Part 2 of our ongoing Fraud in the Church series. PSK in cooperation with the National Association of Church Business Administration (NACBA) conducted a survey to determine the extent to which churches are attempting to address the problem of church fraud. We asked them to respond to this statement:
Our church has established a formal program for managing fraud risk.
Almost 63% of our respondents reported that they have not conducted a fraud risk assessment or implemented an ongoing formal church fraud prevention program. Unfortunately, my guess is that the national average is much higher. It is hard to pinpoint what might be the cause of this rather high percentage but two reasons are prominent:
- The workload of most church business administrators (CBA) has them stretched to the limit. There is barely time to get all of the routine tasks completed on a timely basis much less take on additional projects.
- When they do try to implement a church fraud risk program, many CBAs end up as the Lone Ranger. In many, if not most churches, fraud prevention is a very difficult proposition to sell. The biggest hurdle? The mistaken belief that “it can never happen here.”
It is not enough to simply be aware of the threat of fraud or go through the motions of fraud prevention. Ministries that don’t commit themselves to a strong fraud prevention and detection program will likely end up as victims.
A few key ingredients of a formal church fraud risk program include:
- Education of church employees, volunteers and members of the risks of fraud.
- Conducting an initial “brain storming” session whose purpose is to identify potential fraud portals.
- Assigning ownership of fraud prevention processes to key church leaders and employees.
- Implementing a periodic review of transactions.
- Periodic review and assessment of the church’s systems.
- Implementation of an anonymous whistleblower hotline. (More about this in a subsequent post)
The occurrence of occupational fraud in the church community continues to rise at epidemic proportions. Evidence of this is found in the steady flow of news accounts reporting churches hit with fraud:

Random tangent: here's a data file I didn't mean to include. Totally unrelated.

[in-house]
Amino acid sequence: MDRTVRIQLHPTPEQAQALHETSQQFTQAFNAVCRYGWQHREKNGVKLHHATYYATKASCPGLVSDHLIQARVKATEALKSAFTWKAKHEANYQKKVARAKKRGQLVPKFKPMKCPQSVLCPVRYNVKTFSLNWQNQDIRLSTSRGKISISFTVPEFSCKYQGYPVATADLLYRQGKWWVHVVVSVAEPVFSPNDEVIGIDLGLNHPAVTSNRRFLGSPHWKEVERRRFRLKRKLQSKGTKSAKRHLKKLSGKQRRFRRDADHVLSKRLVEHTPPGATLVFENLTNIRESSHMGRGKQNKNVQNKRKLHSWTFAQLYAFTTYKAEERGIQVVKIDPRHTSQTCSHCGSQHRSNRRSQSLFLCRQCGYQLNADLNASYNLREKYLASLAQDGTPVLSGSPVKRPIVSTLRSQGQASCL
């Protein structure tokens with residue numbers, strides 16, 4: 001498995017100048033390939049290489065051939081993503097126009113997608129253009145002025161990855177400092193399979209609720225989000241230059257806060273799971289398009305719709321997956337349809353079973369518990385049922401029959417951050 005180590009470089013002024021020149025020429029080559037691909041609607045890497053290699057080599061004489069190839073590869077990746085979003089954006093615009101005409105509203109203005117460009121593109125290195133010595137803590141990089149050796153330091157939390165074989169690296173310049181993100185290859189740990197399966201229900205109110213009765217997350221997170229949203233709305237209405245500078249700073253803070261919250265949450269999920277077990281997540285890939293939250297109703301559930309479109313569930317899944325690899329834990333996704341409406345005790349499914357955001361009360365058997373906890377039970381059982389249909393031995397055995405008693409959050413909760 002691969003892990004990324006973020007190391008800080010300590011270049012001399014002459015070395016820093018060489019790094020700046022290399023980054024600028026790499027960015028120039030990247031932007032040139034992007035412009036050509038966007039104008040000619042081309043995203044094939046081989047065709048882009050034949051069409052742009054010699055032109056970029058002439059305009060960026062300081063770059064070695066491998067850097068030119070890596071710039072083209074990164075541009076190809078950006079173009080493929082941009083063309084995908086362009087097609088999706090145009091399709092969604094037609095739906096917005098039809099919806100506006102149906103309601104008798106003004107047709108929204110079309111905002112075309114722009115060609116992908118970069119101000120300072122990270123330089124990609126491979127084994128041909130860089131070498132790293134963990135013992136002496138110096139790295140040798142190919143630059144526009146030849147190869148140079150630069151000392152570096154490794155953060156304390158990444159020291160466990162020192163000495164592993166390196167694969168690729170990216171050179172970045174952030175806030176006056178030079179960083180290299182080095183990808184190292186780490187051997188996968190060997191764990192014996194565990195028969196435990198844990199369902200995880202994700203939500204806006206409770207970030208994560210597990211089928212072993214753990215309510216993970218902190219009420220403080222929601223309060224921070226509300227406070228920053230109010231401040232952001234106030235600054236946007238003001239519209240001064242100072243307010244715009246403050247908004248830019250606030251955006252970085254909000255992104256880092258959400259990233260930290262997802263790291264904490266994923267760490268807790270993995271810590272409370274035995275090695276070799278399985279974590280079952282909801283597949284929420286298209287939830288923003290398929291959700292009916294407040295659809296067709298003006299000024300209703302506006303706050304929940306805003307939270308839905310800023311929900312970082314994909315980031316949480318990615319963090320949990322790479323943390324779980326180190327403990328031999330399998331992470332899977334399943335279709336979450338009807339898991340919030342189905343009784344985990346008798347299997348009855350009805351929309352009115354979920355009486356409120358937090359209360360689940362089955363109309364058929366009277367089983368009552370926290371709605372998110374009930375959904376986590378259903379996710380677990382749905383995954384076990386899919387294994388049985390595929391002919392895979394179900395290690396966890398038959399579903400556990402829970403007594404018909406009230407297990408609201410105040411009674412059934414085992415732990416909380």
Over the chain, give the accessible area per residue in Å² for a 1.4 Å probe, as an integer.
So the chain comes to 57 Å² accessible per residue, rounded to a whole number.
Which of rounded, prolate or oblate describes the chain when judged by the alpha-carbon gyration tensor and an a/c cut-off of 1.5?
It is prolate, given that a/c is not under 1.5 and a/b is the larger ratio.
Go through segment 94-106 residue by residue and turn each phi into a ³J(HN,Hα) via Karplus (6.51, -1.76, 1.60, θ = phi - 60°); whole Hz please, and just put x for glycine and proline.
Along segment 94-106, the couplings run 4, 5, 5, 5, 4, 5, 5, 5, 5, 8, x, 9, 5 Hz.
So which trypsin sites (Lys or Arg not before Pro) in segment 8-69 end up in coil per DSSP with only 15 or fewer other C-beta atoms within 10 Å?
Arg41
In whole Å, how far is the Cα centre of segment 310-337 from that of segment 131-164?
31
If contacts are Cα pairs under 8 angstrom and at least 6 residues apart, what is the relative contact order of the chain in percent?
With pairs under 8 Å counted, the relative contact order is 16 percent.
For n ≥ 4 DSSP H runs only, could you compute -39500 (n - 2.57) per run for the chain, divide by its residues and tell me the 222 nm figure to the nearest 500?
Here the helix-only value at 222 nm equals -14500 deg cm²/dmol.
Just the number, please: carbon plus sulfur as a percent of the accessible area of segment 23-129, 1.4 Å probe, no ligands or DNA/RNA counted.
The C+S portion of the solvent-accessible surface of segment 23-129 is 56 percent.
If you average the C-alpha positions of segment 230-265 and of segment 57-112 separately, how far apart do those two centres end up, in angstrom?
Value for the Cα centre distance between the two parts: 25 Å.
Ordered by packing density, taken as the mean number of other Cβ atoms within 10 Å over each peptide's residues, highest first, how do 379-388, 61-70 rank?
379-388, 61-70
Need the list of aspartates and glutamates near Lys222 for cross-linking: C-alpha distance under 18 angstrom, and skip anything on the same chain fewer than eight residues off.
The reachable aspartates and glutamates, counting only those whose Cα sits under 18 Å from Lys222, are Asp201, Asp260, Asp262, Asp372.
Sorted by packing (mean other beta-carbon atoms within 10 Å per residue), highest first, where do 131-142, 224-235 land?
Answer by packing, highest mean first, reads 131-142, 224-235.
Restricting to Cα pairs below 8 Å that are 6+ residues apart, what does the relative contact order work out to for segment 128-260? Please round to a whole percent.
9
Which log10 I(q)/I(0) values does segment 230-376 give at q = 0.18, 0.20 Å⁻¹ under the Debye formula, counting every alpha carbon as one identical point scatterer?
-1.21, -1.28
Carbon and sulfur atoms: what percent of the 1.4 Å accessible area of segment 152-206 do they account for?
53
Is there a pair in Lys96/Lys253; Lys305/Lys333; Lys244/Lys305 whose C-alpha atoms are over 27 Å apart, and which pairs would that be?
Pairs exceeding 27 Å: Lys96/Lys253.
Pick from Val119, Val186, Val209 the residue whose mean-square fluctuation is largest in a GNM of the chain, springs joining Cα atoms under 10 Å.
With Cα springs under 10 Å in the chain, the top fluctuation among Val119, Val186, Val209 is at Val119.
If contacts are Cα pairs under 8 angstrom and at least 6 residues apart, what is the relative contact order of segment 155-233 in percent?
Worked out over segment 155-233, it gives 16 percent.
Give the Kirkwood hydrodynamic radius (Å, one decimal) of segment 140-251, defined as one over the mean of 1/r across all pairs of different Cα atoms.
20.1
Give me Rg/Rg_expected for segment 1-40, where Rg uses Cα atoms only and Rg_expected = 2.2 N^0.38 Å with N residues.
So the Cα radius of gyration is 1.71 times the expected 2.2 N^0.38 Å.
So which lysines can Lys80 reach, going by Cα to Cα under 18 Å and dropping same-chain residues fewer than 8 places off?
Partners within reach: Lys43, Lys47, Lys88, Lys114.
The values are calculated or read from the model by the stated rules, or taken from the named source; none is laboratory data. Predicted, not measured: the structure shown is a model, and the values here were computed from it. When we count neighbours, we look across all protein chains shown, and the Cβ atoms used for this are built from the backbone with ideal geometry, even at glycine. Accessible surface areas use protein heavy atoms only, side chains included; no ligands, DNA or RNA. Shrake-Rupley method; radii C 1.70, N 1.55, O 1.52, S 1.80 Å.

- The Archdiocese of New York was bilked to the tune of $1M.
- Incredibly, so was the Archdiocese of Philly.
- A pastor in Grand Rapids Michigan is on the hot seat for stealing between 50K and 100K by using church bank accounts and credit cards.
- A woman in Ohio is accused of stealing $143K from the church where she was employed. (Unbelievably in an attempt to cover up her deeds, she sent an appeal letter asking each member to send $200 to the church to cover a church debt!) (more…)
According to the Association of Certified Fraud Examiners, the second most common red flag is financial difficulties of individuals involved in financial matters of an organization. The occurrence rate of 36% consists of reported frauds at all levels of the organizations victimized. However, if we look solely at frauds committed at the employee level (disregarding frauds committed by managers) the rate soars to almost 50% of all fraud cases.
This makes sense because employees receive lower compensation compared to the management level. When unexpected financial events occur, they are less likely to have a “rainy-day fund” set aside to get them through. This can lead to poor judgment in several areas, the first of which is usually excessive use of credit cards. When these individuals find it difficult to climb out of their debt problem and they might focus on other areas of relief, one of which is their employer’s money.
Once again, I must stress that the presence of these circumstances is proof of nothing, but organizations must keep in mind that personal financial difficulties are a common denominator in a great many fraud occurrences. But, how can a church leader address this possibility? Here are three thoughts.
- In addition to performing the normal background check, a church might consider performing annual credit checks on employees involved in the financial activity of the church. It is not too much of a stretch to say that if you hire someone with a poor credit history, you have hired their problems as well. Keep in mind, that credit checks generally require the employee’s permission
- Provide financial counseling for employees. This is another way to discover if any employees are struggling with finances. But it also helps the church relieve some of the pressure an employee may be experiencing by providing a way out of their dilemma.
- Finally, and most importantly, you must close down the opportunity of fraud. In most of the church fraud cases I have read, the most common characteristic is terrible segregation of duties. Often, one person is in charge of all of the church’s financial tasks. When you combine these two ingredients: financial troubles and total control of a church’s financial activities….
Well, you can guess the rest.
I doubt that Oscar Wilde had church fraud in mind when he penned these words, but they do describe the nature of many embezzlers. Occasionally, the irresistible temptation to treat themselves to luxury items overrides a thief’s need to keep hidden. Ultimately, this inability to resist temptation brings unwanted attention to the culprits in the form of things like fancy cars and exotic travel. For example, several years ago a treasurer of a church organization was convicted and sentenced to five years in prison for embezzling more than two million dollars. Infuriated by what the judge termed a “spurious psychiatric defense”, the judge went on to describe the treasurer as a “common thief” who looted church funds “to live the life style of someone she was not”.